The movie Backpack Full of Cash, directed by Sarah Mondale, discusses the issues surrounding school funding with a focus on Philadelphia public schools. A big question to be answered in the movie is what is a public school. For me, the movie complicated what I thought of a public school by showing how public school money from tax-payers goes to paying for charter schools. Therefore, charter schools as well as traditional public schools are both funded with public schools money and are both considered public schools. The money also goes towards vouchers to aid lower-income families in paying for the public schools which is kind of ironic because the school is funded by public school money.
(Mondale, Backpack Full of Cash, 0:29)
In my opinion, an important, or at least revealing, scene was when statistics of the different percentages of school groups were shown. This portion of the video showed groups of people such as English Language Learners, children with Autism, students involved with the juvenile court system, etc. There was a much greater percentage of students in every one of these groups attending traditional public schools, not charter schools. This reveals that charter schools are not fulfilling their initial goal towards being inclusive to all students, especially students who need a lot of help. Instead, they manipulate the entrance system to cherry-pick students who will get the highest test scores.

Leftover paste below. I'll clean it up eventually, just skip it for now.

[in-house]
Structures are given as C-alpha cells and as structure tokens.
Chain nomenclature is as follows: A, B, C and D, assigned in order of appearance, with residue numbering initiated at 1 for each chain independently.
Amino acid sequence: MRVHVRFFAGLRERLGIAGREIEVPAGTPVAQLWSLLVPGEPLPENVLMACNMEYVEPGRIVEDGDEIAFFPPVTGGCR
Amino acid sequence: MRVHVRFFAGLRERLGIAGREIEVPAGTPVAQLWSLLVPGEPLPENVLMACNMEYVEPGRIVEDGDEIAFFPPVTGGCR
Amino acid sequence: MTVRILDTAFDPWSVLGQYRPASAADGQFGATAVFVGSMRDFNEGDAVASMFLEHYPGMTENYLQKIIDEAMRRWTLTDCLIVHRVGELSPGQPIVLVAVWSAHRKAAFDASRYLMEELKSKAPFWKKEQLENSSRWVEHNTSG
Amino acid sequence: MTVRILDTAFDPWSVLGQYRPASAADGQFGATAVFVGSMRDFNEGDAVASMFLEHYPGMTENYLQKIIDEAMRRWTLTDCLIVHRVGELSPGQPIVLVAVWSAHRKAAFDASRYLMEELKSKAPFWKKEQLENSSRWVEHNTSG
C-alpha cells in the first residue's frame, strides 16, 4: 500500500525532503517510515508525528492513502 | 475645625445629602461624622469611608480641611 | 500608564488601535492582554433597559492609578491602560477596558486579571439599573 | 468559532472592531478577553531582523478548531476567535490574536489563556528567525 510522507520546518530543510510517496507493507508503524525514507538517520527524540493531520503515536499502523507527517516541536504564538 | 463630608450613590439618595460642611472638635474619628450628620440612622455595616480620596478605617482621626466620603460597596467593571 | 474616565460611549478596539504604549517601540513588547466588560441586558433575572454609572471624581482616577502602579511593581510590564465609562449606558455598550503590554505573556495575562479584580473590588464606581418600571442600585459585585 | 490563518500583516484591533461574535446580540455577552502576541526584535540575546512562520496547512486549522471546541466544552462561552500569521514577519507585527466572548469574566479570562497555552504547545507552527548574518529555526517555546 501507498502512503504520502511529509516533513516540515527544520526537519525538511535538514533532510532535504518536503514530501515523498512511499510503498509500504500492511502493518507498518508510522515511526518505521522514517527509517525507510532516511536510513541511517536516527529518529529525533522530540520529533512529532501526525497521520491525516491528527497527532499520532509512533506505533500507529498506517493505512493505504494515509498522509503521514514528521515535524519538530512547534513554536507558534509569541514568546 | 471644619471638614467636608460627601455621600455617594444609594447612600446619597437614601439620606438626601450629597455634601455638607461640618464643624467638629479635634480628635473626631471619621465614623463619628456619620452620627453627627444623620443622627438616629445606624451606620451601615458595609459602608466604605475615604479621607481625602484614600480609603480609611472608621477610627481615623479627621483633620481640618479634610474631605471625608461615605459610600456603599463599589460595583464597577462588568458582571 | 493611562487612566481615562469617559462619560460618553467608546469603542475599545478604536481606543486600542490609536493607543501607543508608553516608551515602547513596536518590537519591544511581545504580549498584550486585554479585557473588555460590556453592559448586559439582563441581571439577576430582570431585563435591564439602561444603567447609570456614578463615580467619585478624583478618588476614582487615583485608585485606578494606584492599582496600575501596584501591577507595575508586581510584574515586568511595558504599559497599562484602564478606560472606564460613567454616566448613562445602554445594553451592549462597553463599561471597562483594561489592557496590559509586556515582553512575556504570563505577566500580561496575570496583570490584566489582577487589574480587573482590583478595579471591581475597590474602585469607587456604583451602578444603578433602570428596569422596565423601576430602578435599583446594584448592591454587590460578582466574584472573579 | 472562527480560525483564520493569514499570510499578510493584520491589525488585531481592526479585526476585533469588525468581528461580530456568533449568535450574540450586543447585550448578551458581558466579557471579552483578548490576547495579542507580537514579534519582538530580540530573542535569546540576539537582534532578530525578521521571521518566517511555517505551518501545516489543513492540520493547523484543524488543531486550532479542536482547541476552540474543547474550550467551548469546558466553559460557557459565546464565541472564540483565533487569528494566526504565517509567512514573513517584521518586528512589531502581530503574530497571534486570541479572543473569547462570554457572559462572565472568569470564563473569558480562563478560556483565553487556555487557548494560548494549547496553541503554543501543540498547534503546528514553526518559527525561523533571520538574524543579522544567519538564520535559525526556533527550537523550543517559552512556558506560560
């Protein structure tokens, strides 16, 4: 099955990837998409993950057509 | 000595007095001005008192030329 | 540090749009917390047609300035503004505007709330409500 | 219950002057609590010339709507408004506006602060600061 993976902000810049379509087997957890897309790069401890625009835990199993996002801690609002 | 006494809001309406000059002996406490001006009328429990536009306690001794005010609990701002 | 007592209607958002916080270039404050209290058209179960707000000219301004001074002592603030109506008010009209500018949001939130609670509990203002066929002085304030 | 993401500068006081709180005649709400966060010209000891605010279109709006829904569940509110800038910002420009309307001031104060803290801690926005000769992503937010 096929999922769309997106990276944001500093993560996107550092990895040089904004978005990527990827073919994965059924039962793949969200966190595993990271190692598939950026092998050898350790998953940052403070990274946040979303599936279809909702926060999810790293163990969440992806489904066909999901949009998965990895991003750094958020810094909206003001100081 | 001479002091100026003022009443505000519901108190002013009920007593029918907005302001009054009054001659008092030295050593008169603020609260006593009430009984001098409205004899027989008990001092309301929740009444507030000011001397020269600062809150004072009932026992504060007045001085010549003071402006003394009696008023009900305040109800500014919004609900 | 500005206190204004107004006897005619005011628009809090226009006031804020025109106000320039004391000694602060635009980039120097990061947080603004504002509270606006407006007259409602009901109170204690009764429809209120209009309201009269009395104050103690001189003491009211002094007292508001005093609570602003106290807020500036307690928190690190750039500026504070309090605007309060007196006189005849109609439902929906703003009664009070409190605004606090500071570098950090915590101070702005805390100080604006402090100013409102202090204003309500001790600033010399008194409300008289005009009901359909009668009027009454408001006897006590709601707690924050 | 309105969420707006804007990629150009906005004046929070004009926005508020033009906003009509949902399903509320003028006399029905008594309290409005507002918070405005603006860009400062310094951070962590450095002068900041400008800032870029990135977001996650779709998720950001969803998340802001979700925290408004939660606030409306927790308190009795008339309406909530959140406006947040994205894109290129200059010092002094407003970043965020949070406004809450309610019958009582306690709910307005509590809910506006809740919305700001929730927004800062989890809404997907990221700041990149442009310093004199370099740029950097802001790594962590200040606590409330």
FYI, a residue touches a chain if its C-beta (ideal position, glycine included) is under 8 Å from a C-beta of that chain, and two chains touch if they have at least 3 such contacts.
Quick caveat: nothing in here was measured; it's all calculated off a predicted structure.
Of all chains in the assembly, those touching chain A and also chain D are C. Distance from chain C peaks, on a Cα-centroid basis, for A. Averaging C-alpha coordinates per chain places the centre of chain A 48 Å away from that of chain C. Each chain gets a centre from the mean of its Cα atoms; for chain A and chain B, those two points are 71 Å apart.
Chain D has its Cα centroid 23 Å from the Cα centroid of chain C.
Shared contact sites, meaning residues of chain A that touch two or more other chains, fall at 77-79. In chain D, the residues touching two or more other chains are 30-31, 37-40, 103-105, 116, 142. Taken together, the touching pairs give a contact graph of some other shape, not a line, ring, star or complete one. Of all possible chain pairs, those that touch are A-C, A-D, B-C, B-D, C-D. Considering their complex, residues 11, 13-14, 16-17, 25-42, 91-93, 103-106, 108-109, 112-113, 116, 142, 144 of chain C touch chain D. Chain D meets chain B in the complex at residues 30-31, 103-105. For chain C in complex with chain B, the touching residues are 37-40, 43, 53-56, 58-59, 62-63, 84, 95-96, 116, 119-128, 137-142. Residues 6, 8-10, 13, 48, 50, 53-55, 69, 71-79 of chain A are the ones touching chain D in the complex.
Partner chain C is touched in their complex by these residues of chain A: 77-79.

I think it is intentional that Mondale modeled the video in this way. She has scenes where she focuses on student art on a chain-link fence. She has interviews with parents and children upset about the schools closing because of funding. She inserts news footage and information about charter schools being viewed as a good thing right after or before a tragic event happened to a public school to appeal to the viewer’s pathos. Mondale is extremely strategic with the slow zoom-ins when the moment is sentimental, and this strengthens her interpretation that charter schools are essentially redirecting traditional public schools money into an institution that has a partial negative impact on the community that the money was originally intended for. Overall, many of the key scenes help to reveals the way that Mondale views the public-school budgeting issues and policies/political leaders that she is against. (Mondale, Backpack Full on Cash, 0:27)